# First, load the model resnet = models.resnet101(pretrained=True) # Second, put the network in eval mode resnet.eval() # Third, carry out model inference out = resnet(batch_t) # Forth, print the top 5 classes predicted by the model _, indices = torch.sort(out, descending=True) percentage = torch.nn.functional.softmax(out, dim=1) * 100 [(labels[idx], percentage[idx].item()) for idx in indices[:5]]
And here is what resnet101 predicted.
[('Labrador retriever', 48.25556945800781), ('dingo, warrigal, warragal, Canis dingo', 7.900787353515625), ('golden retriever', 6.916920185089111), ('Eskimo dog, husky', 3.6434383392333984), ('bull mastiff', 3.0461232662200928)]
Just like AlexNet, ResNet managed to predict that it was a dog with very high confidence and predicted that it was a Labrador Retriever with a 48.25% confidence. That’s pretty good!
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2. Model Comparison
So far we have discussed how we can use pre-trained models to perform image classification but one question that we have yet to answer is how do we decide which model to choose for a particular task. In this section we will compare the pre-trained models on the basis of the following criteria:
- Top-1 Error: A top-1 error occurs if the class predicted by a model with highest confidence is not the same as the true class.
- Top-5 Error: A top-5 error occurs when the true class is not among the top 5 classes predicted by a model (sorted in terms of confidence).
- Inference Time on CPU: Inference time is the time taken for model inference step.
- Inference Time on GPU
- Model size: Here size stands for the physical space occupied by the .pth file of the pre-trained model supplied by PyTorch
A good model will have low Top-1 error, low Top-5 error, low inference time on CPU and GPU and low model size.
All the experiments were performed on the same input image and multiple times so that the average of all the results for a particular model can be taken for analysis. The experiments were performed on Google Colab. Now, let’s have a look at the results obtained.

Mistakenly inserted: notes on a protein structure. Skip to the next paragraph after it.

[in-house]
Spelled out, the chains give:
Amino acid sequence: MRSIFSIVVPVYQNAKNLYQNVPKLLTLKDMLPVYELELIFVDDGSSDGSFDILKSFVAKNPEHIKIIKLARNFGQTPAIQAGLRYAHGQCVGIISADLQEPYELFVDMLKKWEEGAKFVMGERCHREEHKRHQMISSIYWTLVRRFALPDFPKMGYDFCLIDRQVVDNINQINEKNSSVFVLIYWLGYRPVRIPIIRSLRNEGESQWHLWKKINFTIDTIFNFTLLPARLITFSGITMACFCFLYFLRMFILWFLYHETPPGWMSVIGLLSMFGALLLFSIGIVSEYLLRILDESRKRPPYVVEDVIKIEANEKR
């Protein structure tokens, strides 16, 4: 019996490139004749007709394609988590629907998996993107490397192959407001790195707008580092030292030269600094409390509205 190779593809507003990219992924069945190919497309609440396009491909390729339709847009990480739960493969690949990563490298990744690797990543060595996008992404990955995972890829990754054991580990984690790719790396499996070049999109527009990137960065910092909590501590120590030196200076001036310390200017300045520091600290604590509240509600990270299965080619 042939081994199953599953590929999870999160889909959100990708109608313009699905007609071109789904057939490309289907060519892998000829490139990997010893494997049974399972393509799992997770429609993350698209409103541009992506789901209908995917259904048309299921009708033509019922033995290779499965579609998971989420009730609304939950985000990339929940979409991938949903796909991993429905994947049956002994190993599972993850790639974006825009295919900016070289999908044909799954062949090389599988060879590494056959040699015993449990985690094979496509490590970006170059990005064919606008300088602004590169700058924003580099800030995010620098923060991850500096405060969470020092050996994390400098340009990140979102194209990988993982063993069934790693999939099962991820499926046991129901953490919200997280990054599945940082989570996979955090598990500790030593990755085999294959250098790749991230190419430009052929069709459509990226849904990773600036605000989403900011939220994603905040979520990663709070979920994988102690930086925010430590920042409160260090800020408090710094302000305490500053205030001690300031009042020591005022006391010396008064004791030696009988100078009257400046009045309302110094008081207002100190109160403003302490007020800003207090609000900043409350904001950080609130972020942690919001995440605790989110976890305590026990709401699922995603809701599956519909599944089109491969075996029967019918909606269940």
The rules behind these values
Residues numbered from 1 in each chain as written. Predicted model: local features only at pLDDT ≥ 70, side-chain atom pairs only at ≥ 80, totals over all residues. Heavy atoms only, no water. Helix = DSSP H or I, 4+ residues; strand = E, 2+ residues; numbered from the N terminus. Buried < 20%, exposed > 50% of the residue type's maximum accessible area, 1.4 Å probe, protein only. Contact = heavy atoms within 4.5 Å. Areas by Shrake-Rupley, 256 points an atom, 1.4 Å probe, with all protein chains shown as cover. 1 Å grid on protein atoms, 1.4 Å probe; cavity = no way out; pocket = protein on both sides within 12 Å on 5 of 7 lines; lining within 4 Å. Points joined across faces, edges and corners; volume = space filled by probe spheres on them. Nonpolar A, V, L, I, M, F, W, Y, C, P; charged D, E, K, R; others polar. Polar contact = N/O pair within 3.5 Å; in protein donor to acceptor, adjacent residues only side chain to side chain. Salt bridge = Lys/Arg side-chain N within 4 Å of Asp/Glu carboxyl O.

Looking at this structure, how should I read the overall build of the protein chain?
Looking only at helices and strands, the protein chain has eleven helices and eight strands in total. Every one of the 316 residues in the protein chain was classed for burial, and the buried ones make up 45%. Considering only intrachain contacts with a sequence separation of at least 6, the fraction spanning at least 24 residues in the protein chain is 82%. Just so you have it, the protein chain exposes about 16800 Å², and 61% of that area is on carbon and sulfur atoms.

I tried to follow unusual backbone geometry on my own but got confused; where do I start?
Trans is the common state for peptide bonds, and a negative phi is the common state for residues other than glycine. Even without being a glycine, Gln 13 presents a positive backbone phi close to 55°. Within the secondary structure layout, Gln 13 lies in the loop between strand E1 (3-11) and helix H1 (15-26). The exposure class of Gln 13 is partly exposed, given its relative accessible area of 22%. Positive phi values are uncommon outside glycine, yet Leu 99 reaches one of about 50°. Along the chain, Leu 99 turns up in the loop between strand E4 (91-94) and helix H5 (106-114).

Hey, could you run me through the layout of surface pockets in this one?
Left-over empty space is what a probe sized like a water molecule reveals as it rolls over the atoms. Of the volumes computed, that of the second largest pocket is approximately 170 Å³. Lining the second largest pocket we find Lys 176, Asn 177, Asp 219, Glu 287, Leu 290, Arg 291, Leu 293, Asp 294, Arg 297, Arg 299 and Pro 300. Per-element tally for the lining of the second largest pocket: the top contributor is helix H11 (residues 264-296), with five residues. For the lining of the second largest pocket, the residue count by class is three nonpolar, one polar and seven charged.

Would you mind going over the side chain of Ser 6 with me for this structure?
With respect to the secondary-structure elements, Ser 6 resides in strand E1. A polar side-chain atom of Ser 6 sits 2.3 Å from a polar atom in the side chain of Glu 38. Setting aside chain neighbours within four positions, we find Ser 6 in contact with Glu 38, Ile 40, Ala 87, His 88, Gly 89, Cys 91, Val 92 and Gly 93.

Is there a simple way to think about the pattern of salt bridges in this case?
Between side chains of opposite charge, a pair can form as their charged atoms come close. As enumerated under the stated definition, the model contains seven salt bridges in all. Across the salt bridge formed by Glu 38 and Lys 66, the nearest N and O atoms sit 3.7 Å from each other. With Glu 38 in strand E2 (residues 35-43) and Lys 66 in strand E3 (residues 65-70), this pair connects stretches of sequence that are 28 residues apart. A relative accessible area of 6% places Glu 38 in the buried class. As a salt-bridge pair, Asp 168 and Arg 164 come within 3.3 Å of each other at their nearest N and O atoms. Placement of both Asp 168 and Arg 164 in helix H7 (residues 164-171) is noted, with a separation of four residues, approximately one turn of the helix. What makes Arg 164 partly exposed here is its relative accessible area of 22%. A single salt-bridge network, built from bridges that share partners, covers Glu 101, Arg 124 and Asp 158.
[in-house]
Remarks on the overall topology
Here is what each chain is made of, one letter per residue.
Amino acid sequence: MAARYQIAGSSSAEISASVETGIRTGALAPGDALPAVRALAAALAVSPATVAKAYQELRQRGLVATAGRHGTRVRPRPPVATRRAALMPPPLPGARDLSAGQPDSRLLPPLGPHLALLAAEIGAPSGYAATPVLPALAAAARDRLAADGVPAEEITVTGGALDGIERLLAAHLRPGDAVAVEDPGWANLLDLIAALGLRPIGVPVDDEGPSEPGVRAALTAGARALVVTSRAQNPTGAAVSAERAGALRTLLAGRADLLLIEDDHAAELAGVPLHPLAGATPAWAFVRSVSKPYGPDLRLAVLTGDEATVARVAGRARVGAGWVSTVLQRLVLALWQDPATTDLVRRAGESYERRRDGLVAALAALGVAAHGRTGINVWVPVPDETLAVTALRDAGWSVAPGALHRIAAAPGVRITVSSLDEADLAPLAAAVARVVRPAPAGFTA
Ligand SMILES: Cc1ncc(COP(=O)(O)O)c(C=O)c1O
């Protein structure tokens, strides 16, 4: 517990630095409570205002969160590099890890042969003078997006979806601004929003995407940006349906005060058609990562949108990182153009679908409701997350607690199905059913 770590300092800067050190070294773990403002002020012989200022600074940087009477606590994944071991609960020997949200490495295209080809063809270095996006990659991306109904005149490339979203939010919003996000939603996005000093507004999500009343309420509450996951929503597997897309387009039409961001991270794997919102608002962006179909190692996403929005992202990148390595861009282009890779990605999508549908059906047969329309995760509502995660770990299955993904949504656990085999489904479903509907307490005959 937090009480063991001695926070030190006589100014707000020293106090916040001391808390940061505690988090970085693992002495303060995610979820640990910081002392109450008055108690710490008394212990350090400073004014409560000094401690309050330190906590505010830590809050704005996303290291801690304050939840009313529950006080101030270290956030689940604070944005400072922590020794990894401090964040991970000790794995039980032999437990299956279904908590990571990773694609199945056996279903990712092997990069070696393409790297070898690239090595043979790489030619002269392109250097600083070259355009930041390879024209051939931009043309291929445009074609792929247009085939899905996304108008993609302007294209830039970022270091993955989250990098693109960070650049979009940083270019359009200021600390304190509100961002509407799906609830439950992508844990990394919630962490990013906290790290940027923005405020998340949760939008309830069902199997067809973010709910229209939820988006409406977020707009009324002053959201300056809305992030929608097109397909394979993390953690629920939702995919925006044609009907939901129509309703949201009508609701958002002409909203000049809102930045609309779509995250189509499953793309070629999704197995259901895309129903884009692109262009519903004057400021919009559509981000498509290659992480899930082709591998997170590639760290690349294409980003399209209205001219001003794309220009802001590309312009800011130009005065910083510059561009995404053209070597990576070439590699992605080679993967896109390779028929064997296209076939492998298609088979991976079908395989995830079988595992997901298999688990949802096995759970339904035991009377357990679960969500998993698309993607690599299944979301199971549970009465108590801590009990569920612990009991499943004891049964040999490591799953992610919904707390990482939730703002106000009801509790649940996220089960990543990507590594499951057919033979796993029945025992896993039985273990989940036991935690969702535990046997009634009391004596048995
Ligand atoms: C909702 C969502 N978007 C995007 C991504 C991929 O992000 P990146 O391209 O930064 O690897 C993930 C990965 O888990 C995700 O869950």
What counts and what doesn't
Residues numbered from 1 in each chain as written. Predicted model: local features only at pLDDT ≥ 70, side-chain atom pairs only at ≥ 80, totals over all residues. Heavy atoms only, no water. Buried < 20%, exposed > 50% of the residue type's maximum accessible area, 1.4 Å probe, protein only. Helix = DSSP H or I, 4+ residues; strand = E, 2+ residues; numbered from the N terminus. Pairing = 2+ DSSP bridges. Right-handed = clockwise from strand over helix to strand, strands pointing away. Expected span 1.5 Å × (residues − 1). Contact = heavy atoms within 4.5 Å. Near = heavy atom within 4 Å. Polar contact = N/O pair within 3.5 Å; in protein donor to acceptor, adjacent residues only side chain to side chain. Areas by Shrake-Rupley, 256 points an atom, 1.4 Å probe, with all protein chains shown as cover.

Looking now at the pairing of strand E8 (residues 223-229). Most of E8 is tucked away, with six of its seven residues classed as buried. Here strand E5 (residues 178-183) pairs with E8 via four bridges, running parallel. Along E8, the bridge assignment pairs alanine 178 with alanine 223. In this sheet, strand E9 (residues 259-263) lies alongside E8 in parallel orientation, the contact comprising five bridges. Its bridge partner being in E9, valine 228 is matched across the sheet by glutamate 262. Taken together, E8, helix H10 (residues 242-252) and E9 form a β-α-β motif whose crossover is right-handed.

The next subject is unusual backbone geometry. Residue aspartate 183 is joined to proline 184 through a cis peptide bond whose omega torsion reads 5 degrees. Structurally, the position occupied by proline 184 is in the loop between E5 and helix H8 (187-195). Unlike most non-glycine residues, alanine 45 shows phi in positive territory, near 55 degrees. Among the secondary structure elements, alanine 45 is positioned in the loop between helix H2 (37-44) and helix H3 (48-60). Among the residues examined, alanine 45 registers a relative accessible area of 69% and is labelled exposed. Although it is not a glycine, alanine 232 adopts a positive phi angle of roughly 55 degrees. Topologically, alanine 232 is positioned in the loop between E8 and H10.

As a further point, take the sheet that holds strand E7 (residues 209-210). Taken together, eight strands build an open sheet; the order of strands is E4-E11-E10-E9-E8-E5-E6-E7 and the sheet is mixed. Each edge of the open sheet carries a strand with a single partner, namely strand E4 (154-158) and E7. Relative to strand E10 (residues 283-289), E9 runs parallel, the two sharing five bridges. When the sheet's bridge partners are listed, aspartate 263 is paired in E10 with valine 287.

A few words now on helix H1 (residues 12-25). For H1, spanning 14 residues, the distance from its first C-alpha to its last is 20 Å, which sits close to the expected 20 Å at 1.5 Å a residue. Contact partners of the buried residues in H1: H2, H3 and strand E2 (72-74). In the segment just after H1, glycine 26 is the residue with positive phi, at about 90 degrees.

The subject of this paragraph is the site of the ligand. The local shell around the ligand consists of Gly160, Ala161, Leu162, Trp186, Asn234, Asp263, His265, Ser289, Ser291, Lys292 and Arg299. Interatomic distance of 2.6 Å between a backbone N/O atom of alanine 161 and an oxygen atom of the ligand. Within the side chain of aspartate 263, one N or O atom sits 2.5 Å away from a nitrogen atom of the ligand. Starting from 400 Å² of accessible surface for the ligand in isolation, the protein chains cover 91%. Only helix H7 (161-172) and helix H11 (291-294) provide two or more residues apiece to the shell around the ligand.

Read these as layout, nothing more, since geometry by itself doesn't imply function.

2.1. Accuracy Comparison of Models
The first criterion we are going to discuss consists of Top-1 and Top-5 errors. Top-1 error refers to errors when the top predicted class is different from the ground truth. Since the problem is rather a difficult one, there is another error measure called Top-5 error. An prediction is classified as an error if none of the top-5 predicted classes are correct.
Notice from the graph that both the errors follow a similar trend. AlexNet was the first attempt based on Deep Learning and there has been improvement in the error since then. Notable mentions are GoogLeNet, ResNet, VGGNet, ResNext.
2.2. Inference Time Comparison
Next, we will compare the models based on the time taken for model inference. One image was supplied to each model multiple times and the inference time for all the iterations was averaged. Similar process was performed for CPU and then for GPU on Google Colab. Even though there are some variations in the order, we can see that SqueezeNet, ShuffleNet and ResNet-18 had a really low inference time, which is exactly what we want.
2.3. Model Size Comparison
A lot of times when we are using a Deep Learning model on an android or iOS device, the model size becomes a deciding factor, sometimes even more important than accuracy. SqueezeNet has the minimum model size (5 MB), followed by ShuffleNet V2 (6 MB) and MobileNet V2 (14 MB). It’s obvious why these models are preferred in mobile apps utilizing deep learning.
2.4. Overall Comparison
We discussed about which model performed better on the basis of a particular criterion. We can squeeze all those important details in one bubble chart which we can then refer to for deciding which model to go for based on our requirements.
The x-coordinate we are using is Top-1 error (lower is better). The y-coordinate is the inference time on GPU in milliseconds (lower is better). The bubble size represents the model size (lower is better).
- Smaller Bubbles are better in terms of model size.
- Bubbles near the origin are better in terms of both Accuracy and Speed.
3. Final Verdict
- It is clear from the above graph that ResNet50 is the best model in terms of all three parameters ( small in size and closer to origin )
- DenseNets and ResNext101 are expensive on inference time.
- AlexNet and SqueezeNet have pretty high error rate.
Well, that’s all folks! In this post we covered how we can use TorchVision module to carry out Image Classification using pre-trained models – just a 4 step process. We also carried out model comparison to decide what model to choose depending on our project requirements. In the next post, we are going to cover how to use transfer learning to train a model on a custom dataset using PyTorch.